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National review of prevention and promotion of independence for older adults

We looked at the progress made by local authority social services and health boards in supporting older adults to be as independent as possible, in line with the Social Services and Well-being Act (Wales) 2014.

Our work for this report took place during 2019 across all 22 local authorities in Wales.

This is a companion report to our national review of care for people living with dementia.

What we did

We looked at the experiences of people aged over 65 who had received support from social care and health services

We worked with Healthcare Inspectorate Wales (HIW) to find out how social care and health services work together, and contribute to the experience and outcomes for people who need support.

We looked at these key themes:

  • People – are their voices heard and do they have control?
  • Partnerships, integration and co-production – who is working together and who is designing support together?
  • Prevention – how are services stopping people from reaching crisis or from needing care and support
  • Well-being - what matters to people?

For each theme, we considered:

  • What outcomes do people achieve?
  • How well do services respond to people day-to-day?
  • How well do organisations work together at the senior level, and how well are budgets and resources meeting the local need?

Our findings

  • People – voice and control - Almost all of the time, people were treated with dignity and respect by care staff who made a positive difference in their lives. Care staff were looking for opportunities to ensure people had their voices heard more often and were able to make choices about things that matter to them. More work is needed to make sure that carers have their voices heard. Leaders and managers must work towards bringing information, advice and assistance (IAA) together, and apply the Mental Capacity Act 2005 in all their work.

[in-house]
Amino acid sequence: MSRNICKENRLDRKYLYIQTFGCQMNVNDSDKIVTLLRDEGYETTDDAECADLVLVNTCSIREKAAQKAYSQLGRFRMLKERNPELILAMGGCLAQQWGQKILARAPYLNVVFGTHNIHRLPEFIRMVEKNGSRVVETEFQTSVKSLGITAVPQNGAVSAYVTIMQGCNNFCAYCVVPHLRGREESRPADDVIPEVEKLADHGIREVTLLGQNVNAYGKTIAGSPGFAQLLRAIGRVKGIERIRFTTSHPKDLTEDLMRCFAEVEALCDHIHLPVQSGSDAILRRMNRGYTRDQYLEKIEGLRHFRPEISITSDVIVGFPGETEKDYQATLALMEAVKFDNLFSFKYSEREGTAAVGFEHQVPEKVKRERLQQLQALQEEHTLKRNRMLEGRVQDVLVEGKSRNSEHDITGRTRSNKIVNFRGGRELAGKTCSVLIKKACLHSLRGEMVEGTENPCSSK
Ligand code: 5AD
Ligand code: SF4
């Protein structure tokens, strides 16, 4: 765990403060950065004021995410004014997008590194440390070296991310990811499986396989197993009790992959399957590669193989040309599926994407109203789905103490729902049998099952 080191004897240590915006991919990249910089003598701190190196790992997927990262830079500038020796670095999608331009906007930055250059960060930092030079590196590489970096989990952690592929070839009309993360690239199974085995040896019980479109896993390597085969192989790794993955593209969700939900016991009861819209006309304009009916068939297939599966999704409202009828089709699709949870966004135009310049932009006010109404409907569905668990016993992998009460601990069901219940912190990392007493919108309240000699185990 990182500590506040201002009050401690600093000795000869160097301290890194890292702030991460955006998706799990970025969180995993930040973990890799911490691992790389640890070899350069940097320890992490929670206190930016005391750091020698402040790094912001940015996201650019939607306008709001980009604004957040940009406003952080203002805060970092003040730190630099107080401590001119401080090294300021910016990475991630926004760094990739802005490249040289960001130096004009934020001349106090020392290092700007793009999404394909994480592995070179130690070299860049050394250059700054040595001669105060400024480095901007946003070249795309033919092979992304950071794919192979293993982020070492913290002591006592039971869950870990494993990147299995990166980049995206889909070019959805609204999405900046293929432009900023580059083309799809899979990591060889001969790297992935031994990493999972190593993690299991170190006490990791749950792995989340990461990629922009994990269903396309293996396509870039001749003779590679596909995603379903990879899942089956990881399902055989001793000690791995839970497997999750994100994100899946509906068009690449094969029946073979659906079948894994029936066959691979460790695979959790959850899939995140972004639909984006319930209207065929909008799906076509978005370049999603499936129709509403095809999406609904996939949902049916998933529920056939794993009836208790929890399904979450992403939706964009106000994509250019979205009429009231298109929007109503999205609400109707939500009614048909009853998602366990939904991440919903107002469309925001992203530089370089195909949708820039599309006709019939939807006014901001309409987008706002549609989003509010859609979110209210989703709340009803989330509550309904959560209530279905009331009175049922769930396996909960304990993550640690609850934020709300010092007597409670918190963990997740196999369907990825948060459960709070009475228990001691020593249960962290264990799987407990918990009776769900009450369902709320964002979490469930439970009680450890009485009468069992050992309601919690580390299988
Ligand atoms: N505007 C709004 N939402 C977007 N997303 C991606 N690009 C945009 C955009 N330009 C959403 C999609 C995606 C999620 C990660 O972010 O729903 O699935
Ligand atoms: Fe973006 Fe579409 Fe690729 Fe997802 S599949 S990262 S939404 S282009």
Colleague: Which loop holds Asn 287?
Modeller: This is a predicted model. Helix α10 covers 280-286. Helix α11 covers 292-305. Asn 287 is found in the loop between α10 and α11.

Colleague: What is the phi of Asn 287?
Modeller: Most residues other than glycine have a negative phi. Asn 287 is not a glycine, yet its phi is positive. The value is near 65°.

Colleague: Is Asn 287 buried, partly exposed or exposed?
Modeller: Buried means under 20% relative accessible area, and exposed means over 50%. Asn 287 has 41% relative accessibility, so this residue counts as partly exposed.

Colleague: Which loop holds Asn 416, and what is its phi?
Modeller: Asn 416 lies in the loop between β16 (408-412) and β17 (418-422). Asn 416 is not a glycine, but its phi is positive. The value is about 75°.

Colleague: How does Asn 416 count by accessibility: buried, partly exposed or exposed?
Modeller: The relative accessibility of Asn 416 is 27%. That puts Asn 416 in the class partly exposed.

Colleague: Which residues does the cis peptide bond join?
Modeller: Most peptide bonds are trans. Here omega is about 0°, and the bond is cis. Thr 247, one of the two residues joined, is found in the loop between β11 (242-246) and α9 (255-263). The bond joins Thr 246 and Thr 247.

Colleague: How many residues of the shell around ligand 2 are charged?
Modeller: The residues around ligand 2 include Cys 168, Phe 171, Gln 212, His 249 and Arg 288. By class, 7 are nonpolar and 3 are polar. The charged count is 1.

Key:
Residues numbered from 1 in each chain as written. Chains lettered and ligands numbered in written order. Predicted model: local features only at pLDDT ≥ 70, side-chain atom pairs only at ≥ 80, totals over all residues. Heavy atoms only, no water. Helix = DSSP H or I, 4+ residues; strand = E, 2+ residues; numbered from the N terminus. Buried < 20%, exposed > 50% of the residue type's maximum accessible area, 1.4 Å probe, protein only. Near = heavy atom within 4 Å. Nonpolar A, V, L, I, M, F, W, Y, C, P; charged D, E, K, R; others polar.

• Well-being – We found the importance of helping older people to maintain their well-being was increasingly recognised as a positive way to promote independence, and an aspect of work many care staff found rewarding. The right for carers to have an assessment hasn’t yet helped carers with some of the challenges they face. The law says that carers must have their well-being prioritised, but there isn’t much explanation, which means that carers’ expectations and available resources are not the same.
  • Partnerships and integration – We found many people benefitted from positive relationships they developed with care staff who treated them as equals and helped people to achieve what matters to them. More focus is needed by leaders and senior managers across local authorities and health boards on their responsibility to recognise and develop a culture of sustainability, through working together and designing services together.  To date, people in our communities have not seen many benefits from this.
  • Prevention - we established that the duty to support people before they reach crisis is not consistently carried out across Wales. Sometimes managers misunderstand their duty and believe that if a person is not eligible for care and support plans then they are not eligible for other help. Welsh Government will want to give more clarity in this area and around the role of personal finance in assessments for care and support. 

Next steps

We are committed to following up the recommendations contained in this report and will work with others to improve outcomes in relation to the prevention and promotion of independence for older adults.

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